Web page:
Toy Association calls out government and ecommerce in new white paper on counterfeit upsurge

The Toy Association has called on the government and e-commerce marketplaces to do more to stopper the upsurge in counterfeit and knock off toys finding their way into consumers’ homes.

It’s part of the message outlined by the US toy industry body in a new white paper that addresses the three main factors to have contributed to the rise in counterfeit and knock off toys sold online.

The release of the document follows the recent outrage that followed the sale of a cheap and knock off product via an online platform that resulted in a life threatening situation for a four year old child when they swallowed more than a dozen magnets.

According to the Association, the proliferation of copycat and unregulated toys via online marketplaces has raised significant safety and health hazards for consumers.

Its new white paper, called The Real Threat of Fake Toys: The Increase of Knockoff and Counterfeit Toys Sold Online and How to fight Back identifies three main factors contributing to the upsurge in counterfeits.

It includes insufficient vetting by marketplaces of sellers and products sold online, a burden of enforcement that is “disproportionately placed on the IP rights holders and consumers who are largely unaware of the scope of the problem and unknowingly purchase these products.

“Safety is the US toy industry’s number one priority and one child injured from a toy is one too many,” said Steve Pasierb, president and CEO of The Toy Association. “Strong action must be taken to address these abuses. The toy industry is calling on all ecommerce marketplaces, the government and all other stakeholders to work together to effectively and swiftly fix this problem before another child is needlessly injured by a counterfeit toy.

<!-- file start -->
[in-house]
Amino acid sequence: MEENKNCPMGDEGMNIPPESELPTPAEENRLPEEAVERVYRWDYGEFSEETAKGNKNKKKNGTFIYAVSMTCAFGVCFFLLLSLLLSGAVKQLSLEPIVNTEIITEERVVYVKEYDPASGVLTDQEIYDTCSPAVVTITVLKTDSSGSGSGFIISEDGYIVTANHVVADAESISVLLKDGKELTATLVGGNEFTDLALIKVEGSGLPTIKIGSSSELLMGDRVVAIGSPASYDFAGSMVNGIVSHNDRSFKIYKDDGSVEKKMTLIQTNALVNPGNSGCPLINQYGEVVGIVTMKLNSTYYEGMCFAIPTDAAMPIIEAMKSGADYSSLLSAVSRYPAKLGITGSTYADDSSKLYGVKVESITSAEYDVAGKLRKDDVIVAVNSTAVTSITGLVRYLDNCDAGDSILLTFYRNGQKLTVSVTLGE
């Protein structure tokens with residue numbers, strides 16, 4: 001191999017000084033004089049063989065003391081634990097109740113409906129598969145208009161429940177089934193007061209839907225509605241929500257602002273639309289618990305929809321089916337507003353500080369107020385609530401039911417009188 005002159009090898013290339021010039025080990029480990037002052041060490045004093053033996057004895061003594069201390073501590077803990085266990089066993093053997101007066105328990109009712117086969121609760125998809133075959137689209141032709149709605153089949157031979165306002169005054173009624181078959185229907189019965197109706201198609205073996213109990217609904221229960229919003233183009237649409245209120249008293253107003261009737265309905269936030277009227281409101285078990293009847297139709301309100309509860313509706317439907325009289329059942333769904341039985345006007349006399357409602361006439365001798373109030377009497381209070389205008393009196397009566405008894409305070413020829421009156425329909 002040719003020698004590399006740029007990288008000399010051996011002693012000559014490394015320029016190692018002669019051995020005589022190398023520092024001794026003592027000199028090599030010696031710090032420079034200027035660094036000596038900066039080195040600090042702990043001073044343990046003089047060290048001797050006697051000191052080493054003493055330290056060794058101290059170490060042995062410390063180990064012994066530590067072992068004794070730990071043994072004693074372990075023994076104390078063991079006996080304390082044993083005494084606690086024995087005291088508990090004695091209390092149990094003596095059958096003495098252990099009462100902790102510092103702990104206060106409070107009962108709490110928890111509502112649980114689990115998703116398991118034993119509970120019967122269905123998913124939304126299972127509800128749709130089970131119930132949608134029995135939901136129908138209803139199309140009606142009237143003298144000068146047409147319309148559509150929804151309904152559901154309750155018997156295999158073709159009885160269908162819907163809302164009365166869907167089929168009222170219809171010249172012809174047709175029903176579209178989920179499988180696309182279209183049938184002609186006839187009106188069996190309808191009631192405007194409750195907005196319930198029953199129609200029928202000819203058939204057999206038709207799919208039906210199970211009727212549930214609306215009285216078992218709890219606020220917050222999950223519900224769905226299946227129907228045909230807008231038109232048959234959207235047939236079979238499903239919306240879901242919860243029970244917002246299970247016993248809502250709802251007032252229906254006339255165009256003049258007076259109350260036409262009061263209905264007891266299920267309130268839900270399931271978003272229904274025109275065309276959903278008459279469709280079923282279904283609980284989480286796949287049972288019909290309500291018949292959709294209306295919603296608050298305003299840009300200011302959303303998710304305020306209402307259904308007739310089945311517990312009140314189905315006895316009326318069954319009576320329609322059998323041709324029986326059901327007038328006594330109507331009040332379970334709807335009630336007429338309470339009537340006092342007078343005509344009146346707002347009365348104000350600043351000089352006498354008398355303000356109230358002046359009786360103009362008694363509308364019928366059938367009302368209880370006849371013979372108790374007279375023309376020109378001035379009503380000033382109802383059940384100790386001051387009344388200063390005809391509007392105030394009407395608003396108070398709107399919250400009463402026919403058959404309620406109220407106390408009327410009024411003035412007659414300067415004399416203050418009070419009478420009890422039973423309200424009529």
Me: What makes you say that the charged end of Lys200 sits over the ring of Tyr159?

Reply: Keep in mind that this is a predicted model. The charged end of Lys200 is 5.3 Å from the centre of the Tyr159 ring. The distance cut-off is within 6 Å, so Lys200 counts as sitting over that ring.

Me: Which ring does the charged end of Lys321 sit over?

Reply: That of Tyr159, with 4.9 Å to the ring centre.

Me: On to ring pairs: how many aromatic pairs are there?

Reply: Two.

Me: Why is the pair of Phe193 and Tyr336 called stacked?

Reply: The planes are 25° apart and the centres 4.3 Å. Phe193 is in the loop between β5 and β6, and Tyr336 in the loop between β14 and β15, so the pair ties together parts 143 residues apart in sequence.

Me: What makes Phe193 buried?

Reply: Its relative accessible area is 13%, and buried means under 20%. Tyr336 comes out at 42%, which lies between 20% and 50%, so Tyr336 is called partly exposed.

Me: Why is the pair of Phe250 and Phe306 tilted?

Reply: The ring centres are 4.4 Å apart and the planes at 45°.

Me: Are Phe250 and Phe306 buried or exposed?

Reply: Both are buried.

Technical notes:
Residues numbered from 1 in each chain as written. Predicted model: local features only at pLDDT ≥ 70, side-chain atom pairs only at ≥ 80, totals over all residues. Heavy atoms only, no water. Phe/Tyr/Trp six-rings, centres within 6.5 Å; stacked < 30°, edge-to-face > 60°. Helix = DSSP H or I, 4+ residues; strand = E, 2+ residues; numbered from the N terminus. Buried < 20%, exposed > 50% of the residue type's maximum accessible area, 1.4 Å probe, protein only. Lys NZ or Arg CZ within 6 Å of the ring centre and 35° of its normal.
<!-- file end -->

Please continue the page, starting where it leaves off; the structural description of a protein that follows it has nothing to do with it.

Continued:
“Consumers have come to rely on ecommerce platforms to provide discounted pricing and wide selections of name-brand quality toys also found at brick and mortar retail. However, under the current marketplace system, illicit sellers with little or no accountability take advantage of this consumer faith by offering inferior and unsafe counterfeit toys that put our children at risk.

“Anyone selling toys in the US must be held to the same high safety standards that apply to the toy brands consumers have come to know and trust.”

Solutions to the problem suggested by the Toy Association include a proposal that online marketplaces need to do more to proactively screen sellers and products. This would work by requiring marketplaces to collect verified contact information in a similar manner to social media channel verify authenticity.

Alternatively, online marketplaces should work with industry organisations and brand owners to create programmes that give the presumption of IP right holders a direct point of contact for the industry, better training and more transparency to stop offenders.

The third solution is to better educate consumers on the risks of buying online.

‘If online marketplaces refuse to monitor sellers and products, one option is to allow rights holders to create official product listings,’ read a statement. ‘This would help identify authentic product listings for consumers, who could then feel more confident when making a purchase that the product is real.’

Pasierb added: “The Toy Association’s white paper represents the concerns and voice of our members to raise awareness of the seriousness of counterfeit products available today while also providing actionable solutions.

“This paper – and future updates – will be a centrepiece in our advocacy campaign over the coming months to drive home the toy and play community’s concerns on Capitol Hill and to the Administration as we come together to demand change.”

About Robert Hutchins

Robert Hutchins is the editor of and ToyNews. Hutchins has worked his way up from Staff Writer to the position of Editor across the two titles, having spent almost eight years with both ToyNews and, and what now seems like a lifetime surrounded by toys. You can contact him by emailing or calling him on 0203 143 8780 You can even follow him on Twitter @RobGHutchins if ranting is your thing...

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